Why has HP not succeeded in its campaign of making the computer personal again? There are a few reasons for this conclusion. First, it overemphasizes the customization options of its product to the detriment of its personal connection. There is no question that in the arena of customization, HP is the benchmark for the competition. However, this customization creates little value in the mind of consumer in the long term. It must be concluded that customization does not necessarily translate into a strong personal connection with a product. A prime example of an industry that lacks customization, while producing standardized products that are still extremely personal is the clothing industry. Clothes are homogeneous, yet at the same time extremely personal. They display a person’s style to the world, which creates personalized value for the consumer. However, HP’s fatal flaw in its strategy is that it fails to realize that building a customized computer is far different than building a computer that enhances the experience of the individual by touching all aspects of what the user values.
This flaw is damaging the HP brand immensely. HP seems to be stuck somewhere in the middle and not successfully able to implement the strategy of personalizing the computer. Its efforts to be at the top of both worlds (personal and low priced) are sending confusing signals regarding its brand image. A similar example of a company with a non-congruent strategy is Sainsbury's, the third largest chain of supermarkets. It found itself in a similar dilemma on regarding which strategy to adopt. In spite of being a market leader in its industry at one point, it lost its competitive advantage by trying to implement opposing strategies; namely against low-priced players such as Wal-Mart and high-end competitors like the Marks and Spencer brand simultaneously. Thus, its inability to accurately define and capitalize on its market has led to Sainsbury's declining market share and a loss of brand identity. Therefore, if HP is adamant on overtaking competitors, it should pay closer attention to its strategy, keeping it focused, as not to risk losing its brand value altogether.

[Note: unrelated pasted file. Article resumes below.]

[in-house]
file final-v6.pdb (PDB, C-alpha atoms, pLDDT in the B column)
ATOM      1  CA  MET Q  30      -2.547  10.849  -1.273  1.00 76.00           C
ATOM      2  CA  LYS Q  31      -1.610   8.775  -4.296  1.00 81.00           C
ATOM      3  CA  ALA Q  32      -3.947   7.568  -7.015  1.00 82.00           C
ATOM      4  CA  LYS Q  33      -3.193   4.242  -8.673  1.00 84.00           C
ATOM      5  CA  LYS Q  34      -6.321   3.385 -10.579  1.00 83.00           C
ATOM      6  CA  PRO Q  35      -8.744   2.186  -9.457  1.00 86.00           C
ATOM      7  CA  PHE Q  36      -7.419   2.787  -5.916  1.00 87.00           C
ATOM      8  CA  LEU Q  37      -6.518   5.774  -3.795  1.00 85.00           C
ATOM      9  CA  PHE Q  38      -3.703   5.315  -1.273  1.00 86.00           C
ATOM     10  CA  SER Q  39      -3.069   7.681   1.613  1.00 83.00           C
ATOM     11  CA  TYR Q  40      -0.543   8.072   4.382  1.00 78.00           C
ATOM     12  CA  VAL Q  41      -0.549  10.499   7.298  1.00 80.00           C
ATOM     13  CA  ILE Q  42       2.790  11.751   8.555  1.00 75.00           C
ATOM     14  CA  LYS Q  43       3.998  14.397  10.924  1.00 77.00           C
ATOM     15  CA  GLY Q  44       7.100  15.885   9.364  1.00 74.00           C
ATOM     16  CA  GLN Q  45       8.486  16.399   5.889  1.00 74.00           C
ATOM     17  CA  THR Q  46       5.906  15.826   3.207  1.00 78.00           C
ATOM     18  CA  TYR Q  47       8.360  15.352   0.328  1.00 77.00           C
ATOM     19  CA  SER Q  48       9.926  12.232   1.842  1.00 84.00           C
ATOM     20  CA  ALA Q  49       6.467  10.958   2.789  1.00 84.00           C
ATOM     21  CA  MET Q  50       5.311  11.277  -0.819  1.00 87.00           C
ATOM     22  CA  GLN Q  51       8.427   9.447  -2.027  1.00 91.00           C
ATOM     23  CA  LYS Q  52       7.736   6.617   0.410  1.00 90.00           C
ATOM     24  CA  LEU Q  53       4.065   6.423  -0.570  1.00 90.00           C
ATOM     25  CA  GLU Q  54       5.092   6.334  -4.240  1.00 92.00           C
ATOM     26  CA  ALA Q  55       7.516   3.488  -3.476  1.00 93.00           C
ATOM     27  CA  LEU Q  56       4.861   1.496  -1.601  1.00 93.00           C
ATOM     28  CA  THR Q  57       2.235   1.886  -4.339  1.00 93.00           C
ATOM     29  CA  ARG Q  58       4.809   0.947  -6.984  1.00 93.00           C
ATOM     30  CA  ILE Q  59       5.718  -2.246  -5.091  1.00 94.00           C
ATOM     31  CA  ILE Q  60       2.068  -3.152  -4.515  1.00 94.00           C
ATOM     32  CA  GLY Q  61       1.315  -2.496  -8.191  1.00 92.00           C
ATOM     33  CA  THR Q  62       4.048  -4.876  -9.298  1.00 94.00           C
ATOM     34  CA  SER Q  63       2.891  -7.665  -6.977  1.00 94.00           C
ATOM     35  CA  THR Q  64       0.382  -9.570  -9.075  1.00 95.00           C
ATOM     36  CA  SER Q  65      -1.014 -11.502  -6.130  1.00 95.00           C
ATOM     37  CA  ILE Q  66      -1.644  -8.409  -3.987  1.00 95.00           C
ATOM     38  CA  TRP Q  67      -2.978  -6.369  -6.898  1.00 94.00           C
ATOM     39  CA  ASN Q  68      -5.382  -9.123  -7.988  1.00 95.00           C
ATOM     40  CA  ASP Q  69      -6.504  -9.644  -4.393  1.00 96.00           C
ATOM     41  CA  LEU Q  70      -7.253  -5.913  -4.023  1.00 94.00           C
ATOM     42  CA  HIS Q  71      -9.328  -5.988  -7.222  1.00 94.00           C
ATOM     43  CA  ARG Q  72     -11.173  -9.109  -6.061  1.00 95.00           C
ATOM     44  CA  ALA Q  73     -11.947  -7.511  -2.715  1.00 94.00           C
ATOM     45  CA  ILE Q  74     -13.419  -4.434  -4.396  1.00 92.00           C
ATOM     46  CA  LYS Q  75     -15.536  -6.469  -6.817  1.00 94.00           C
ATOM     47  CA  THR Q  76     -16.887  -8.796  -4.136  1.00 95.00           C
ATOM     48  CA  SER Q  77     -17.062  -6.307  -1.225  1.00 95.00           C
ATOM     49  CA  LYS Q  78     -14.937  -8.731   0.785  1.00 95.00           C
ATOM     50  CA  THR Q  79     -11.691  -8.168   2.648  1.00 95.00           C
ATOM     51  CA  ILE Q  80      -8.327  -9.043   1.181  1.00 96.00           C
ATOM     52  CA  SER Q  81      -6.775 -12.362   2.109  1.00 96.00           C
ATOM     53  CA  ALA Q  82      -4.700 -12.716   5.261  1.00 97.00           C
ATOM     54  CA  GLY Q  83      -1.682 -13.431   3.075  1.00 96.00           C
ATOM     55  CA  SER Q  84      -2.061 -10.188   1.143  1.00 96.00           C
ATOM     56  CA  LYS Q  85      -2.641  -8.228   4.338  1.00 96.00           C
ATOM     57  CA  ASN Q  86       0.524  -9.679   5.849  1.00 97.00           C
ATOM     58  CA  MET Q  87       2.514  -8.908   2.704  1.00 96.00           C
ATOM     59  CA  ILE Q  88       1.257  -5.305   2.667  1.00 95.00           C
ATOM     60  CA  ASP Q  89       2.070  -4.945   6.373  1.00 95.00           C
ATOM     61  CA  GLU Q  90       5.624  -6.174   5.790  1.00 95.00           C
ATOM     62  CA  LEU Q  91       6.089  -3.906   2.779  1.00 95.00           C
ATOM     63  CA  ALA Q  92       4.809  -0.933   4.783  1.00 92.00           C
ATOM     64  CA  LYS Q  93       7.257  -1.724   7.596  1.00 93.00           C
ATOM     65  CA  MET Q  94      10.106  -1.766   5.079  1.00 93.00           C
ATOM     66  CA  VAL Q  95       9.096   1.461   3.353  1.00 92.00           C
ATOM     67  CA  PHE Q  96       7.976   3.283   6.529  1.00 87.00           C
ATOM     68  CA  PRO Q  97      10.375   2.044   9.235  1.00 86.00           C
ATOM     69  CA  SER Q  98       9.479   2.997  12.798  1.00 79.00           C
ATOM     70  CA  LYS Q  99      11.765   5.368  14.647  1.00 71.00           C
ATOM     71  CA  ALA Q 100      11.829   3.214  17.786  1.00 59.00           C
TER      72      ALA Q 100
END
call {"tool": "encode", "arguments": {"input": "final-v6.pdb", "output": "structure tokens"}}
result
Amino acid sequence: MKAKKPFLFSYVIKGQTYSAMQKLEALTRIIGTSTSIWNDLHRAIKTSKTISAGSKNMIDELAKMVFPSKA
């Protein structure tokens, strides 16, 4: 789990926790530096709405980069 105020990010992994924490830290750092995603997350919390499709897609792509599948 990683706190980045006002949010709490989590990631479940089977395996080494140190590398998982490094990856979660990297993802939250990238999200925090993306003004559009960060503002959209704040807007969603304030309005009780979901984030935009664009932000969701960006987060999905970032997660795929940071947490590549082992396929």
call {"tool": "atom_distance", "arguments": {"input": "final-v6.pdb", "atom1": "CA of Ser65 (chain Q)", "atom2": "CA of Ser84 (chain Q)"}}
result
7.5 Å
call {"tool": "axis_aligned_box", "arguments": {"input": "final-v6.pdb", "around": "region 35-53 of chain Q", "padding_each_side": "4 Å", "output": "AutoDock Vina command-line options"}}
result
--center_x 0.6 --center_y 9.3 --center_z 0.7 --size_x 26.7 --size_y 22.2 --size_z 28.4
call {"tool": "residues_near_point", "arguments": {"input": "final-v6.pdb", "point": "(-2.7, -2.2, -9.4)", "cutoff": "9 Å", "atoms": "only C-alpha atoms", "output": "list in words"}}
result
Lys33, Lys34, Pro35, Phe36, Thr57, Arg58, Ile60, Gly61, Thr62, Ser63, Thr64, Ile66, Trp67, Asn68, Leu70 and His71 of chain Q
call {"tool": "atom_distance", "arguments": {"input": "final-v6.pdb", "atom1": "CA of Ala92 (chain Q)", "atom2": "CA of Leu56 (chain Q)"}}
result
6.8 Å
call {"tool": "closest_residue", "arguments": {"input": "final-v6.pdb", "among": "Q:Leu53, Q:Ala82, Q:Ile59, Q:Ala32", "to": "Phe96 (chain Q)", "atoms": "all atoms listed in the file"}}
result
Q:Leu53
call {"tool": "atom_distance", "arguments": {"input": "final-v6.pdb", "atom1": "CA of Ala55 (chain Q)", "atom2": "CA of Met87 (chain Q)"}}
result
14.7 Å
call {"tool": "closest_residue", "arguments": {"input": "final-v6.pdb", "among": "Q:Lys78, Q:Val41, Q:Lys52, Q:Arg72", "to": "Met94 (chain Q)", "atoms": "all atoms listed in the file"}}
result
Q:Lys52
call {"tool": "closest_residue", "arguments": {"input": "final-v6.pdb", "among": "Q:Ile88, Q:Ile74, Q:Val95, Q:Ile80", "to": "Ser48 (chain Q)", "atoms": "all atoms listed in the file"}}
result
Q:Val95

Furthermore, the personalization of a computer is really created when the values of the consumers are incorporated into the machine. Similar to relationships between people, it really begins with a level of trust. One of the main reasons Apple is able to build such intensely personal relationships with their consumers is because of the steadfast reliability that their computers offer. Apple computers are commonly known to have a longer lifespan than HP and other Windows-based computers, which is one factor that allows them to charge a premium over other machines. Additionally, the longer product life adds value to the experience and relationship the consumer has with the product, as they have more time to develop their connection to the machine that never lets them down. The longer product life is directionally proportional to the perceived value that the customer ultimately places on the machine.